Now that Windows 7 is available, system builders have been requesting additional information regarding End of Sales and End of Support for Windows Vista products. In response, Microsoft is providing updates to the existing Windows Life-Cycle Policy, as well as details regarding End of Sales and End of Support plans for Windows Vista products.
Windows Vista Authorized Replication Ends October 11, 2011
This date is two years after the General Availability (GA) of Windows 7. Going forward all Windows products will follow a standardized End of Sales schedule which sets the End of Sales date for the previous Windows version at the start of the General Availability (GA) of the new Windows version. Once the new Windows Operating System (OS) reaches the set GA date, the previous version will remain available for two years after this date.
End of Support for Windows Vista Service Pack 1
Microsoft support for Windows Vista Service Pack 1 (SP1) will end on July 12, 2011. From that date onward, Microsoft will no longer provide support or free security updates for Windows Vista Service Pack 1 (SP1).
To help you understand the technical impact of support ending for Windows Vista SP1 and get guidance about how to communicate with your customers about options, watch the on-demand webcast Your Customer Is on Windows Vista SP1: What Are Their Options and Its Technical Implications?
Advise your customers not to run an unsupported operating system. Small and midsize businesses should migrate to Windows 7 Professional. Use these End-of-Support resources to help you talk with customers about upgrading to the Windows 7 operating system.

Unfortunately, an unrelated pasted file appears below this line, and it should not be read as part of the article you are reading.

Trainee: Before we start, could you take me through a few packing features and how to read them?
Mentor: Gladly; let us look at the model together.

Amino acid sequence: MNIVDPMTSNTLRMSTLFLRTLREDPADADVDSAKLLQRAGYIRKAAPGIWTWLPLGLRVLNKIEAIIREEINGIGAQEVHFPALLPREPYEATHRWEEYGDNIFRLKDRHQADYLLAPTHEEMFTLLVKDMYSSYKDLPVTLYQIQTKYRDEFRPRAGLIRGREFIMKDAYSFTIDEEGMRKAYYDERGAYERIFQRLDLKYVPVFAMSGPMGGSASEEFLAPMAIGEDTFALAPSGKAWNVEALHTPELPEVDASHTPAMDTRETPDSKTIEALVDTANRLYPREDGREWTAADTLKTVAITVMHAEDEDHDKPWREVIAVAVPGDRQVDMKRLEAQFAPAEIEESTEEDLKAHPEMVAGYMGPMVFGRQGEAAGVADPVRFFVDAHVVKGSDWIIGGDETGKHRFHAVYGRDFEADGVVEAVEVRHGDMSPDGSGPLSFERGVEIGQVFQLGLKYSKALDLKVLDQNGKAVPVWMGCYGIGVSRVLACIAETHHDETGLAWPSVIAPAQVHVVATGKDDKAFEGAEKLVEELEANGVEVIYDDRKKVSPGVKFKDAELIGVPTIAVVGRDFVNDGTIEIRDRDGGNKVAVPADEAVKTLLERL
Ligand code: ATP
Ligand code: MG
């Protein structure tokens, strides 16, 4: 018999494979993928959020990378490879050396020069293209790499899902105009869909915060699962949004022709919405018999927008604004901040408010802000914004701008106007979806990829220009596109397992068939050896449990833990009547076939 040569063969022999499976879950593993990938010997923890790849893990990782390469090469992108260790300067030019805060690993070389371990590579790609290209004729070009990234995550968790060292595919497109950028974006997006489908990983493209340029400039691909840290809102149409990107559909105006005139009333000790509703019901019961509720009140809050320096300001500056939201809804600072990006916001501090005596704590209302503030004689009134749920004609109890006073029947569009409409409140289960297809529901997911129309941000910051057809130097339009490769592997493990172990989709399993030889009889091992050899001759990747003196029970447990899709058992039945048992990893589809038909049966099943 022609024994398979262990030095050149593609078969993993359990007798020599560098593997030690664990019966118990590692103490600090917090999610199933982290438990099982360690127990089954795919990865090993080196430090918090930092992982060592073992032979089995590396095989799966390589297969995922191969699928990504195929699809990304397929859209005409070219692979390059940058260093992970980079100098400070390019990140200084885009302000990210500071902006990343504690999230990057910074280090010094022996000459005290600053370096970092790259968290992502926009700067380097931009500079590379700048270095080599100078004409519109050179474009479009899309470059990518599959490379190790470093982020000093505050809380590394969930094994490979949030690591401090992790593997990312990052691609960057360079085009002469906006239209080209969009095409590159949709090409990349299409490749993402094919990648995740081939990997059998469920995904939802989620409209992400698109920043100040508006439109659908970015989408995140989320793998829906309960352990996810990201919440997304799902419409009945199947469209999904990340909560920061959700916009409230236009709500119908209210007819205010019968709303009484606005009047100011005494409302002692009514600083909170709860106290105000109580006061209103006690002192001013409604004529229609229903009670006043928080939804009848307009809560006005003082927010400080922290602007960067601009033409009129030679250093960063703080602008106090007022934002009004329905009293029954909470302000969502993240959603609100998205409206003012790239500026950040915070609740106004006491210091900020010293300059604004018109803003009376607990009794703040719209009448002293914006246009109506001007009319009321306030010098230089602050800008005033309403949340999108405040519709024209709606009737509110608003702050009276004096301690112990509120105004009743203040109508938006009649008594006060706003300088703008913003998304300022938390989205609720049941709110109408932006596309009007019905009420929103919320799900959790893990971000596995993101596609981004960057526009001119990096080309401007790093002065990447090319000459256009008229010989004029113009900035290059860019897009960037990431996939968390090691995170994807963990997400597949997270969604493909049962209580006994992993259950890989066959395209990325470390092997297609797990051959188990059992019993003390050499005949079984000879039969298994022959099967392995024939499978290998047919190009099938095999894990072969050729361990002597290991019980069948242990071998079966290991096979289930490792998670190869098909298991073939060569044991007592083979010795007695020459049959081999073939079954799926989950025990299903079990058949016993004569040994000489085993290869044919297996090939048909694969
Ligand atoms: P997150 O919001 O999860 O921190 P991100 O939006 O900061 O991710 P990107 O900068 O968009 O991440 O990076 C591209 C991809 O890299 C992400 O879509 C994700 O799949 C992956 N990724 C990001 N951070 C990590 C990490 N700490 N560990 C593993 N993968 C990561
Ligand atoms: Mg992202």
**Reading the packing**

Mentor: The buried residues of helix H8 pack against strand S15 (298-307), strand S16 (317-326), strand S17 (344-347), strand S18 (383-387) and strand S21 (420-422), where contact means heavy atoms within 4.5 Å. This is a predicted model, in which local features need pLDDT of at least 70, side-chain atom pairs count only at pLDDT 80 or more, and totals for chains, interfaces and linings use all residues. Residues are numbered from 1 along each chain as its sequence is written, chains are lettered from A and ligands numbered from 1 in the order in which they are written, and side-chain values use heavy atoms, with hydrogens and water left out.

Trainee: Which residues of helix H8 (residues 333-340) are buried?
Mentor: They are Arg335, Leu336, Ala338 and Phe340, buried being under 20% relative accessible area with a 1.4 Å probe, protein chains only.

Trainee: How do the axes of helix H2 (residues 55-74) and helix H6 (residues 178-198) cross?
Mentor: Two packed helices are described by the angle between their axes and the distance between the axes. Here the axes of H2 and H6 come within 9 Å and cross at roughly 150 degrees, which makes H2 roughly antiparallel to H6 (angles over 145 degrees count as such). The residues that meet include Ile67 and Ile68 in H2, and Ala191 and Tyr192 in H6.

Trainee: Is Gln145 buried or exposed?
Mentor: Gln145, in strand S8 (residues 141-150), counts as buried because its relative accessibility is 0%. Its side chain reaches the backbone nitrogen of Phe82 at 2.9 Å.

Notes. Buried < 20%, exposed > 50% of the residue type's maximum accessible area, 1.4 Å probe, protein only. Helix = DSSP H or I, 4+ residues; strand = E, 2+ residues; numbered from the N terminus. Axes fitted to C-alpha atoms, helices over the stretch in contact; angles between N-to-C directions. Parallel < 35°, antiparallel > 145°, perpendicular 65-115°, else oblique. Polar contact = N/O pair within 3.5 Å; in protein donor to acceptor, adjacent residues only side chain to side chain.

Since 1997, EDI has been a value-added provider of high quality computer components, systems, servers, and computing solutions. Headquartered in Norcross, Georgia, EDI maintains a presence throughout the eastern United States and many European markets.
At EDI, we recognize that business policies and practices that serve the technology community provide an important business advantage, both for us and our customers. As a prominent distributor of computer components and white-box systems, we affect the communities where we do business. As such, we build quality relationships with clients and develop strong vendor alliances. For us, there are multiple benefits – better financial returns, increased opportunities, more efficient operations, higher employee motivation, and improved goodwill between us, our vendors, and our customers. For our customers, there is a triple bottom line – more efficient service, increased selection, and smart savings.
Leveraging our strengths (accelerated delivery time, affordable pricing, assorted purchase options, and exceptional customer service), we plan to improve product accessibility and affordability, provide innovative solutions, and continuously improve our service and products. To achieve this goal, EDI pursues an individual relationship with each customer and tailors services to meet each customer’s specific needs. By contributing to the success of our customers, we hope to stimulate the use of technology throughout a variety of industry sectors, including schools, government institutions, and corporations.